D.C. renters are losing ground as prices outpace income.
A growing share of renter households in D.C. are spending more than half of their income on housing costs, according to a new analysis of U.S. Census Bureau data.
A report published Tuesday by the United Planning Organization, a social services and advocacy group, shows that more than 44,000 households were "severely housing cost burdened" last year, meaning that they spent at least half of their income on rent.
That's an increase from the roughly 36,000 households that reported the same in 2010 – an indication that despite the city's push to develop more apartments, more renters than ever are struggling to pay for basic living expenses.
"The city is literally losing ground in our affordable housing fight," Andrea Thomas, president of UPO, said in a statement. "The District must do more to create affordable housing for residents struggling the most to pay their rent and care for their families."
Just over half of people living in D.C. rent their homes, a figure that has also increased over the last decade as housing prices climb. The median home sales price across the city during the second quarter of this year was $650,000, while the median rent for a one-bedroom apartment is around $2,400.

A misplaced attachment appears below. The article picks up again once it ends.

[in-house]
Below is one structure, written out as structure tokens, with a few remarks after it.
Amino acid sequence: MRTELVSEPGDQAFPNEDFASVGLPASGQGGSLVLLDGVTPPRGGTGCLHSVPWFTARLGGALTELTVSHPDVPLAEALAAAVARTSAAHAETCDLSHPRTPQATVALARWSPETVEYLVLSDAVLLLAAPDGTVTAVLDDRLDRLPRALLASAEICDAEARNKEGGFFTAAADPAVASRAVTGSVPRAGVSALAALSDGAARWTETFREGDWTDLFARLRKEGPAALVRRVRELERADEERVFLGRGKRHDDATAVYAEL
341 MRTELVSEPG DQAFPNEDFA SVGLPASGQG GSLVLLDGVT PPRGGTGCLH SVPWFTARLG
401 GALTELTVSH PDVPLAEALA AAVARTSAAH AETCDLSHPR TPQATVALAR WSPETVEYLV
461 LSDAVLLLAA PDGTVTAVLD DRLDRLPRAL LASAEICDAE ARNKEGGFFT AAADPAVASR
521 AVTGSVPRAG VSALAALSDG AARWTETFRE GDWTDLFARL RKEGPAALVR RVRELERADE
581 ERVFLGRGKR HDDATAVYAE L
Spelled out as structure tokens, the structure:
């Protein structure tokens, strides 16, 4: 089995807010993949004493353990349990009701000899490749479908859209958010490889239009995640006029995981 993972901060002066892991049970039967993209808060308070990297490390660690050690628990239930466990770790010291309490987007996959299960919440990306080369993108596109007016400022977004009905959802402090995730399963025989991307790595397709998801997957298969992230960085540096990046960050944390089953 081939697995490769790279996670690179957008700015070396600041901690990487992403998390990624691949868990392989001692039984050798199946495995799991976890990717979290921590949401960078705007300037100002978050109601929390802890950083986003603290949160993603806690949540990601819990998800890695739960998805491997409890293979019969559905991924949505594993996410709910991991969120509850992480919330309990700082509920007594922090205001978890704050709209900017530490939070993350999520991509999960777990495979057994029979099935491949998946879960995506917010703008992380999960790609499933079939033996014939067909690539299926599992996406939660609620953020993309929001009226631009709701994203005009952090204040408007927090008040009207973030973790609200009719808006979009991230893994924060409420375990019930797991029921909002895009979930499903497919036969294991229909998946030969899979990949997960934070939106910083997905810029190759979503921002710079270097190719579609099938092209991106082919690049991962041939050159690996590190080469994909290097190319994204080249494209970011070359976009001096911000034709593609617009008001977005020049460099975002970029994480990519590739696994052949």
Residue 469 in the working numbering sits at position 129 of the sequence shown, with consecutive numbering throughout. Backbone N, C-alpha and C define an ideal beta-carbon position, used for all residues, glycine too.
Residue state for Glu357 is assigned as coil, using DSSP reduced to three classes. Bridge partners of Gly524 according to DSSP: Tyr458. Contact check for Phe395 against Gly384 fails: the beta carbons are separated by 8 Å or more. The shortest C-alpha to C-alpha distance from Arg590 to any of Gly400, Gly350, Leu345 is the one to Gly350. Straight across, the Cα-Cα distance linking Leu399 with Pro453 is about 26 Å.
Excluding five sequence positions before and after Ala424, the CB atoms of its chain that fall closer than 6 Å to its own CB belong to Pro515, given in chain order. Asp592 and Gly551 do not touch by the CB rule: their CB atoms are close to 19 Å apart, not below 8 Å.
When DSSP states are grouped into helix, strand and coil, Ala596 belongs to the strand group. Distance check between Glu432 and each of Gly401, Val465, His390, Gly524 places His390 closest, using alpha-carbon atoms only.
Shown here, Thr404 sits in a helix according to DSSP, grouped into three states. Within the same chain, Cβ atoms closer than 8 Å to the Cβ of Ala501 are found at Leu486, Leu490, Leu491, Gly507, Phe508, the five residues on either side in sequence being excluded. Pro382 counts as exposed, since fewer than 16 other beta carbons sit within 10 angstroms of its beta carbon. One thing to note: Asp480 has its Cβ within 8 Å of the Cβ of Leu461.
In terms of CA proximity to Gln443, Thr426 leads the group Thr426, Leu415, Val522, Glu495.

Those rising prices have eaten into wages, especially for lower-income households. While about half of households making $50,000 or less reported being severely housing cost burdened in 2014, 65% say the same now, per the report. Those affordability concerns are most prevalent east of the Anacostia River; about one-third of low-income and cost-burdened families live in zip codes 20020, 20019, and 20032.
Another eight percent of severely housing cost-burdened families live in the zip code 20002, which encompasses neighborhoods like Eckington, Trinidad, and Carver/Langston in Northeast D.C. Parts of wards 3 and 4 are also home to pockets of severely cost-burdened families, per the report.
Of the 44,000 households that spent at least half of their income on rent last year, about 40,000 have incomes under $50,000, UPO found.
"This reflects the fact that D.C.'s efforts to expand affordable housing have not been enough to offset rising housing costs in the private market, [and] also that D.C.'s housing programs are not focused enough on reaching those with the lowest incomes," the report authors write.
Census "pulse" data from August 2023 highlighted in UPO's report also show that about one in seven renters at all income levels across D.C. – 28,000 households – were behind on rent at the time of the survey.
As the report authors note, the Census data doesn't show the scope of consequences wrought by high housing prices – chiefly, the displacement of roughly 20,000 Black Washingtonians between 2000 and 2013 because of gentrification.
The report authors also highlight data from the D.C. government showing that it is falling short of spending targets for affordable housing development. While the District is required by law to spend half of the money in its Housing Production Trust Fund on housing for extremely low income families, in 2021 it spent just 25% of the fund's money on extremely low income housing.
"The District must do more to create affordable housing targeted at residents struggling the most amidst D.C.'s extremely high housing costs," UPO's report concludes.
This story originally appeared on DCist.com